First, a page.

On August 12, 2021 the first International Elephant Day was celebrated. This special day was initiated by the Elephant Reintroduction Foundation and filmmakers Michael Clark and Patricia Sims in 2011.

“Let’s celebrate these incredible sentient beings today and every day 🙂 . On this #WorldElephantDay pledge your support to protect and secure the #RightOfPassage to save our #Elephants. Asian Elephant is the #NationalHeritageAnimal of #India” – Dia Mirza.

In #Africa #AfricanElephants are one of the #Big5 and are in big trouble, populations are plummeting Savannah elephants have recently been listed as endangered and forest elephants as critically endangered, so their future is a concern. #EndangeredElephants


Both the African and Asian elephants are protected and World Elephant Day highlights the need and call for people to support organisations which provide sanctuaries and habitats for domestic elephants to live freely. On August 12 every year raises awareness about the difficulty of elephants in forests and also finding out possible ways to protect this species. Another issue that needs to be addressed is trophy hunting. I find it incredible that educated professional people (who I would imagine would be clever enough to think this cruelty through) can even entertain thoughts of killing an innocent animal for “fun” and pose for photos. Big brave men (and some women) – NOT! I’d like to hunt you all down and do the same to you- see how funny it is running terrified through your safe homes where you sleep, eat and live, being hunted. Perhaps even worse is the scenario where “tamed” lions, raised by humans from cubs – in enclosed small environments, are killed for a trophy, by man who lions think are their carers. Seriously. Karma will be interesting . Rant over.


Not only do these gentle, and sometimes not, giants need to be protected from hunters and ivory poachers, but also from ill treatment in captivity, habitat loss and conflict with human kind. Elephant conservation is a serious subject and these creatures have no voice of their own, we need to speak up for them, as well as embrace the needs of communities affected, somehow.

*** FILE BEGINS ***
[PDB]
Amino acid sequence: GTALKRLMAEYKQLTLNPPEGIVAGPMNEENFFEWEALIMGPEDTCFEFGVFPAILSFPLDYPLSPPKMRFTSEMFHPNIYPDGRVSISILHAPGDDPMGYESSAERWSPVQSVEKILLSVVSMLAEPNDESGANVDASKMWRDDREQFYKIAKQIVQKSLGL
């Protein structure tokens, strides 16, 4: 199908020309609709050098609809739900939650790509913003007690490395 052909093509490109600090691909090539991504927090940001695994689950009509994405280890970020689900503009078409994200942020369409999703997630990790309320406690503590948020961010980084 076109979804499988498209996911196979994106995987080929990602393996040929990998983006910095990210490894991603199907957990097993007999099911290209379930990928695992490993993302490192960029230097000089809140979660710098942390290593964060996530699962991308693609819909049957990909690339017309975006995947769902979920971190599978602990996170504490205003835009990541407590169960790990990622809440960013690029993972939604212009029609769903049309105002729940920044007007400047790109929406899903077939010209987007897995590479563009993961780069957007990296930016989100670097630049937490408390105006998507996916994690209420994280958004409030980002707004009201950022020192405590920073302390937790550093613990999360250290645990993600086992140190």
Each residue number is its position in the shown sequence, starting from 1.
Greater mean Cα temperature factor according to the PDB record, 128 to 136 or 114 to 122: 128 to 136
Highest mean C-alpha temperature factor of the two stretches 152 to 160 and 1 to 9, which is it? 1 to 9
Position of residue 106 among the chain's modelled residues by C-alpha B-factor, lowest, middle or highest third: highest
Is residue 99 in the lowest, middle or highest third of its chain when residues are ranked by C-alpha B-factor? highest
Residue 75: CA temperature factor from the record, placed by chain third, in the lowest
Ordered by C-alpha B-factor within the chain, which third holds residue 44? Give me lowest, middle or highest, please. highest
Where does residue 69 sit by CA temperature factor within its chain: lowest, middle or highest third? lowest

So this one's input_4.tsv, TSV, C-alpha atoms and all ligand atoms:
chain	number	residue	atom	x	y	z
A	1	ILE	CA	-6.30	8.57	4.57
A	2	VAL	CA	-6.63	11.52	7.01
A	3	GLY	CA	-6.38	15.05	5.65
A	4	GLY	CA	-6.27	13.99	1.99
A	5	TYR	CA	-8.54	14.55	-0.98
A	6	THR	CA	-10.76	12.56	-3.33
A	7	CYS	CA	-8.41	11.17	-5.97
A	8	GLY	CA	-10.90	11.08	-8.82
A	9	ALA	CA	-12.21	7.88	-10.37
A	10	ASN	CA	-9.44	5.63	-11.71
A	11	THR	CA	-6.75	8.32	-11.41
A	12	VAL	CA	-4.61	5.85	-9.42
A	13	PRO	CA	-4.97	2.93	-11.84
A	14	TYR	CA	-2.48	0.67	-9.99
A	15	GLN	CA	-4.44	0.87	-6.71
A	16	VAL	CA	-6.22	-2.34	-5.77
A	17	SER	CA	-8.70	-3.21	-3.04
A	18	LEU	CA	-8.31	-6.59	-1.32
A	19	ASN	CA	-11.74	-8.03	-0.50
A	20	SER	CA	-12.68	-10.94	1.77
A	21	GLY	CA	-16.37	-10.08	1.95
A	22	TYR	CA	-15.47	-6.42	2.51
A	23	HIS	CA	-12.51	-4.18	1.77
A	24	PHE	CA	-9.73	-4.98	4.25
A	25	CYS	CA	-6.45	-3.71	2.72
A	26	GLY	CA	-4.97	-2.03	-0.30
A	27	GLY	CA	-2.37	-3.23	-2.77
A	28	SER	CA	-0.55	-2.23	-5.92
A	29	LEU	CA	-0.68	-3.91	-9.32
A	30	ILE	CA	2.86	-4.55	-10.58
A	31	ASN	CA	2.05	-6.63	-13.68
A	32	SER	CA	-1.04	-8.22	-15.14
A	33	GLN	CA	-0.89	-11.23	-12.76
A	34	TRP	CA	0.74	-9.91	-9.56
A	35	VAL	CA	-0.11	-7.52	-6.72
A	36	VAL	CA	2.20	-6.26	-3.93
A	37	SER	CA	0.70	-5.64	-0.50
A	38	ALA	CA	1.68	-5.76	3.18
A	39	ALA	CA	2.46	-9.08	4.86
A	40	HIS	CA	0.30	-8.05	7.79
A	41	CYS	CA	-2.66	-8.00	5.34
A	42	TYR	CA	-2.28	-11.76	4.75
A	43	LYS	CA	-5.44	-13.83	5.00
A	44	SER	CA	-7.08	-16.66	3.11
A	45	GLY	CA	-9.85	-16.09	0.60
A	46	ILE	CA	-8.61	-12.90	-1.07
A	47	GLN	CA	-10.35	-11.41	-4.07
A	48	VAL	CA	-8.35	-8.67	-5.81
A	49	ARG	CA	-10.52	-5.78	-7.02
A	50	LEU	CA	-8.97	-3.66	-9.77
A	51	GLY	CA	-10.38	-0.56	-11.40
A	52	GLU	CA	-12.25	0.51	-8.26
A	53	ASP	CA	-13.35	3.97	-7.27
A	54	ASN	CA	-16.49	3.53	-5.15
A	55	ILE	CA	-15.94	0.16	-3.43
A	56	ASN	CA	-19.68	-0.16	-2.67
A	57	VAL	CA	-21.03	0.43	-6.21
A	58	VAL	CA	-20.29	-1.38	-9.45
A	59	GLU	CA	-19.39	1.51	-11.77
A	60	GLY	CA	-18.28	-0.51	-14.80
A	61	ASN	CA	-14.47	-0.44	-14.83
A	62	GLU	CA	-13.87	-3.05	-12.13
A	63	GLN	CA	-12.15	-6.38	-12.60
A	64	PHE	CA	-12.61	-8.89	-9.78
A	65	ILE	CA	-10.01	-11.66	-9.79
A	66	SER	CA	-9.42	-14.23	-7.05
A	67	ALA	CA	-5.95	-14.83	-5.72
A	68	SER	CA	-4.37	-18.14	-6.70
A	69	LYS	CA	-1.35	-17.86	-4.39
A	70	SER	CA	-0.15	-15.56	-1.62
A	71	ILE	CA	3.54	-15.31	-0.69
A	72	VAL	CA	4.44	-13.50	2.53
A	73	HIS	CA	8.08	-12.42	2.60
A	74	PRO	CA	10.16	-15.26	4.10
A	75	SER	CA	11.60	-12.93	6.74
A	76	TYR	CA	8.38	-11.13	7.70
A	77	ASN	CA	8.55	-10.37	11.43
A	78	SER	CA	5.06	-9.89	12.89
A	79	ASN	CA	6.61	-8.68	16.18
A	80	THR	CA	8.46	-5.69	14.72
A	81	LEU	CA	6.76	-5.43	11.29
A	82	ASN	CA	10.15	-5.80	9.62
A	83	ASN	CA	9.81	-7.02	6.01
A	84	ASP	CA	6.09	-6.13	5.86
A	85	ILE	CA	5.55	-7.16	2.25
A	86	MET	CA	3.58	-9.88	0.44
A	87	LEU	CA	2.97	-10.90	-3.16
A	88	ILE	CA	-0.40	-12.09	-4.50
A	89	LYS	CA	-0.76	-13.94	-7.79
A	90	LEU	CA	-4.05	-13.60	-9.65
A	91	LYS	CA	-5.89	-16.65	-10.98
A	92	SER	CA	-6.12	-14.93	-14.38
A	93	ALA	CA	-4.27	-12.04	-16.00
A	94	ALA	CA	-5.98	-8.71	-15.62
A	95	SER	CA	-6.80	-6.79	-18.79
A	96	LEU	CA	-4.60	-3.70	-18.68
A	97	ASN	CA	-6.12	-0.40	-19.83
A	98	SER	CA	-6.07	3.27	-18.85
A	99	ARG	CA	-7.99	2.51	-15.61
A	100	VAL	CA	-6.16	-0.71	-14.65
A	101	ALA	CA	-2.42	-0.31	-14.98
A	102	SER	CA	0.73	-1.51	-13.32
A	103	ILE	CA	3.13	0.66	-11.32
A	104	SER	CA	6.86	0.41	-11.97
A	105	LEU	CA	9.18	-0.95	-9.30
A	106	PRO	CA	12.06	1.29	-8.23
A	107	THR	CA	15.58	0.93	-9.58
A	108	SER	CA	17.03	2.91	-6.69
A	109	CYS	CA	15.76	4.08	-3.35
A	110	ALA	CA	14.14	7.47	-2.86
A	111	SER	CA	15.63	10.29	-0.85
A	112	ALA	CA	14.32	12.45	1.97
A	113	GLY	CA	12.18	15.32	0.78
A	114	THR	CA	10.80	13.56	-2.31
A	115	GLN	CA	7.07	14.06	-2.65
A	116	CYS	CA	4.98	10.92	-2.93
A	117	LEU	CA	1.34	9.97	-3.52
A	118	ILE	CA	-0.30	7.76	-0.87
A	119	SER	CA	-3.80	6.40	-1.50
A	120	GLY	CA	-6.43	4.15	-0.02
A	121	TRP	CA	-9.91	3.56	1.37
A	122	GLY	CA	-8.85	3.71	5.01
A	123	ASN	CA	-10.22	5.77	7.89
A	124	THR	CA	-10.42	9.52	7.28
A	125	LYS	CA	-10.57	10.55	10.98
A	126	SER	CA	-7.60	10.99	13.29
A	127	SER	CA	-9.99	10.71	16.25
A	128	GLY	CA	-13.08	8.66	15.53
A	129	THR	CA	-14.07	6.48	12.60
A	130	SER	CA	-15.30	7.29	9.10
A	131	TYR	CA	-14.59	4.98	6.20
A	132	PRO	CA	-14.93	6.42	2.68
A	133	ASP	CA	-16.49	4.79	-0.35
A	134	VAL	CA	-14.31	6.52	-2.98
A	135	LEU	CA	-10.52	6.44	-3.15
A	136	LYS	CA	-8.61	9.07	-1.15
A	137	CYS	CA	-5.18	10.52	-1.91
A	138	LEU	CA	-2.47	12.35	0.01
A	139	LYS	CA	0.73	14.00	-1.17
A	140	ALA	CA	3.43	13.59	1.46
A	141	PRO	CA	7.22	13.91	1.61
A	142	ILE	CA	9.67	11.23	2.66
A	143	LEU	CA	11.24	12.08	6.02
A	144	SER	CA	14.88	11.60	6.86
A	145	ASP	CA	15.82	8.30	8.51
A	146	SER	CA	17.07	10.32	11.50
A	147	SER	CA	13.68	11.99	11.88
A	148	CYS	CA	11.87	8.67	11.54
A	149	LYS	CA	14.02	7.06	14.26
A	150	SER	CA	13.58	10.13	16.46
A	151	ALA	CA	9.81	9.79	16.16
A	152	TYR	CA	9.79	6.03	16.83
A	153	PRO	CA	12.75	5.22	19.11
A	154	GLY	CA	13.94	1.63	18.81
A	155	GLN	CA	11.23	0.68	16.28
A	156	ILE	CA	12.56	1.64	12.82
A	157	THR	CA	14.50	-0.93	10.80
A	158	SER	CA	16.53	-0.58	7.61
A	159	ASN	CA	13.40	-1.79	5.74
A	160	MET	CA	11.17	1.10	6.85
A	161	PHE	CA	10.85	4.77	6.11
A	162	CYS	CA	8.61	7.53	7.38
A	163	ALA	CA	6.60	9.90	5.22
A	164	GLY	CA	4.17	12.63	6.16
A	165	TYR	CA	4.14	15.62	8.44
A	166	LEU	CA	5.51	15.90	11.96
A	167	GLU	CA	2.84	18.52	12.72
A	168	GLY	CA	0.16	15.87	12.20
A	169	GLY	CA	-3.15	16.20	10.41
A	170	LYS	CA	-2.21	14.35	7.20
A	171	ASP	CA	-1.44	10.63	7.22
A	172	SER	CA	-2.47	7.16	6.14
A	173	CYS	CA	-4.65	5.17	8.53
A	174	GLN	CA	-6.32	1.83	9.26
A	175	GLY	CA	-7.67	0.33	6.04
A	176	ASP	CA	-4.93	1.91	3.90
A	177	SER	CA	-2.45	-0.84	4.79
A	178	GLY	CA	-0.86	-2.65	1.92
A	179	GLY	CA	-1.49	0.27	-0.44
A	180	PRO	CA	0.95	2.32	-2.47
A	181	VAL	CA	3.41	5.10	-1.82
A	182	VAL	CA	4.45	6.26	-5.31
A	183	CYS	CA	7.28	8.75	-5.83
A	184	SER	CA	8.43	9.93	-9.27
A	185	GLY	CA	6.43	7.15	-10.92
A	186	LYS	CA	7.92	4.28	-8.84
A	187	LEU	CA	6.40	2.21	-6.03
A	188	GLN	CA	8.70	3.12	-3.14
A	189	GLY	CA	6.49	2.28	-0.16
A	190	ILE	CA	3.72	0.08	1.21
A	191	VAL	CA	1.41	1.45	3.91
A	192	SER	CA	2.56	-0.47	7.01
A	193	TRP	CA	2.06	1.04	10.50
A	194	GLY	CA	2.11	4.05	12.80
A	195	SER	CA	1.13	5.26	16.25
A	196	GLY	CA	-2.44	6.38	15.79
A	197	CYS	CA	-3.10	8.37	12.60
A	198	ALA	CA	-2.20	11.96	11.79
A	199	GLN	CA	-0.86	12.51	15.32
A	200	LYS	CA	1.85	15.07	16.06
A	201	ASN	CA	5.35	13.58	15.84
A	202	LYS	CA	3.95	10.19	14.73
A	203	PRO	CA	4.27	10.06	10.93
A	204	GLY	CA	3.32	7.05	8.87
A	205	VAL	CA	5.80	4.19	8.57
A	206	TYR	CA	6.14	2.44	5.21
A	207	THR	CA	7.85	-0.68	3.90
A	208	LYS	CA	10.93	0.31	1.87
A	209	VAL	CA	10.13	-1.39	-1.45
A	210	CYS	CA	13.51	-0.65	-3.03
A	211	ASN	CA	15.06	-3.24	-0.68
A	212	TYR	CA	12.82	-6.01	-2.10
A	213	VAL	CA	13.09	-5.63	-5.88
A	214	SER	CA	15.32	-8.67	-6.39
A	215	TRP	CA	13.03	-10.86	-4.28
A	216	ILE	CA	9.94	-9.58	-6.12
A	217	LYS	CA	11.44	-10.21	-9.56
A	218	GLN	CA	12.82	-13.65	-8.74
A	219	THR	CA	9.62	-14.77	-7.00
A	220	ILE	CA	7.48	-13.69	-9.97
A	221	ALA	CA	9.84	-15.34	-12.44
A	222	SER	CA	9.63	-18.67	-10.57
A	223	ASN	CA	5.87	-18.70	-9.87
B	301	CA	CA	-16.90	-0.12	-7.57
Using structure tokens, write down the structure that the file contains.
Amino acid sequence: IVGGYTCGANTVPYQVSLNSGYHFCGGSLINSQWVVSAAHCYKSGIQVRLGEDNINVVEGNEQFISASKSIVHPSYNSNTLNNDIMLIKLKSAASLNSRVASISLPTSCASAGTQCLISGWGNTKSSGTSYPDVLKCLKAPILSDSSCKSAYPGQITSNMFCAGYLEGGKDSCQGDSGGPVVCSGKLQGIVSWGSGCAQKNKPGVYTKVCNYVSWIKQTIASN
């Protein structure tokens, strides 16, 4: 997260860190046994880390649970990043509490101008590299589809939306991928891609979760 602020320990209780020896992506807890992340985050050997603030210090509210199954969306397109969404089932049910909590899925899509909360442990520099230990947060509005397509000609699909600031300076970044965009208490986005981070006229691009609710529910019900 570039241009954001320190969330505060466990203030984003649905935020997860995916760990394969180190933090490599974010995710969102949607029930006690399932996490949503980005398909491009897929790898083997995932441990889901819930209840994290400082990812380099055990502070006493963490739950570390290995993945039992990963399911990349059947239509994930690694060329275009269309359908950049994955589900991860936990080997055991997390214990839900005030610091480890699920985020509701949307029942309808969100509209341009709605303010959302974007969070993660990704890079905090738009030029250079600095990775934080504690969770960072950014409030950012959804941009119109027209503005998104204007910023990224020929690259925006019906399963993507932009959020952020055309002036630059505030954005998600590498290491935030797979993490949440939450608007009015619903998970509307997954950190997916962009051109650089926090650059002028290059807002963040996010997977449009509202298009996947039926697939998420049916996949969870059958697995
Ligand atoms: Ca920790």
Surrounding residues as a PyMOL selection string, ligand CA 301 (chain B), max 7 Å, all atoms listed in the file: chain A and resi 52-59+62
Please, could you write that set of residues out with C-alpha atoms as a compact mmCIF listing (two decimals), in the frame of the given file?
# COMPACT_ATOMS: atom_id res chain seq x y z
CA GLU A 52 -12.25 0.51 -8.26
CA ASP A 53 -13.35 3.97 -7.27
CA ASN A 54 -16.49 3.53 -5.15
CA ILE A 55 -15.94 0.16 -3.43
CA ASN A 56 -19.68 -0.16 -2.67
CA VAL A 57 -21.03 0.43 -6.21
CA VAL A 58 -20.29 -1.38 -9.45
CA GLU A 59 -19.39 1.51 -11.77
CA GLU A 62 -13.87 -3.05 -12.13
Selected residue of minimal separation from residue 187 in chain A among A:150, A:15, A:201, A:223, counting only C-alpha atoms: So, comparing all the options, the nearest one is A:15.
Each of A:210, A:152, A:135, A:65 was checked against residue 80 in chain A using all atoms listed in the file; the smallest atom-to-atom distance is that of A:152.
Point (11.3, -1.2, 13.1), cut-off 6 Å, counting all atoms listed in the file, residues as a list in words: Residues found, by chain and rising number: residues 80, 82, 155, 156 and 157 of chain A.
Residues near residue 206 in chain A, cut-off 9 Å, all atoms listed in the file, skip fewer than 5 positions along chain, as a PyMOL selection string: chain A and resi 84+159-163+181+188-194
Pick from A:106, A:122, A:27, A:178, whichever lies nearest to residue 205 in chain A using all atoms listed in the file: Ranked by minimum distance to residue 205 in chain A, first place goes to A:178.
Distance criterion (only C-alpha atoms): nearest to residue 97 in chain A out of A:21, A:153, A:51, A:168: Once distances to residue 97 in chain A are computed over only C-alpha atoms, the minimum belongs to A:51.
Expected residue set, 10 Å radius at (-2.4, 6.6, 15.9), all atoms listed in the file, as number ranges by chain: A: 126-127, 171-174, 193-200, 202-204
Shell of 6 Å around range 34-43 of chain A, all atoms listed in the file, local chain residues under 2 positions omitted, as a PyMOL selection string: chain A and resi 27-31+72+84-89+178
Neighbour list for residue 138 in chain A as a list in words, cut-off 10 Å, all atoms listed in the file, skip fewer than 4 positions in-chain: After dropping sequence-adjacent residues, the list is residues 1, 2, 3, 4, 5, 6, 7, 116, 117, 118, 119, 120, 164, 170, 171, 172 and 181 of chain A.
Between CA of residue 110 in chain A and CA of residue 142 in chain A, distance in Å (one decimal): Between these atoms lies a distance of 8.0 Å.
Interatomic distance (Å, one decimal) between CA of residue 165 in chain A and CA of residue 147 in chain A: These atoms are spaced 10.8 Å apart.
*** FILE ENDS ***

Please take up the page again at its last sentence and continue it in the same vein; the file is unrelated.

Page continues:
It is a difficult line to walk oftentimes as humans feel the space they live in should not be invaded by Elephants. However, one wonders which came first – the chicken, or the egg? These creatures have memories that are nearly instinctual. Perhaps imprinted at birth? They remember pathways their ancestors walked before dams and lakes were built over them, which they continue to follow decades later. I have witnessed herds of giants approaching Kariba Dam, Zimbabwe, plunging into the shallows and ploughing through underwater to find their way on ancient paths to the islands further in the lake. Tips of trunks tickled the surface, and sometimes not, until the ground shallowed and the water made way for them to emerge again.

Sadly, the elephant situation in Zimbabwe is critical and there have been discussions between Zambia, Namibia and Zimbabwe to pull out of CITES and have their own partnership agreement (which could be akin to a toothless dog in this fight). Transparency International rates Zimbabwe to be among the top 12 most corrupt countries in Africa and those in power see the opportunity to make money, particularly dealing with China, from their wildlife. If you would like more information please google, there is more distressing information available. Money and power can be disgusting – what is wrong with man!?

As Africa is in my blood I shall share a few statistics from here. At the moment elephant numbers in southern Africa are around 26 000, and in northern Botswana the population has remained at around 130 000 for more than a decade. In Kenya the conflict with farmers remains, but the numbers are gradually increasing.

The South African Environment Minister tabled a policy saying the government would not support the international sale of ivory at CITES “as long as current specified circumstances prevail”. We have to hope as it is only a draft policy at this stage, but at least there has been a move in a positive direction.

Chad’s elephants are thriving thanks to the pioneering work done by African Parks Network operating together with the Chad government.


The once amazing, vast wild area, Selous Game Reserve barely exists nowadays. There is a new hydro-electric dam being built, a huge logging operation is ruining the forests, mines and communities have carved up much of the remaining pieces.


My last paragraph is a warning – should this situation not be resolved it has been predicted that elephants, and other large mammals, will become extinct in the wild within the next thirty to fifty years.

#savetheelephants #stoptrophyhunting #elephantsinthewild #big5 #bigfive #africanelephant #asianelephant

African Elephant
African Elephant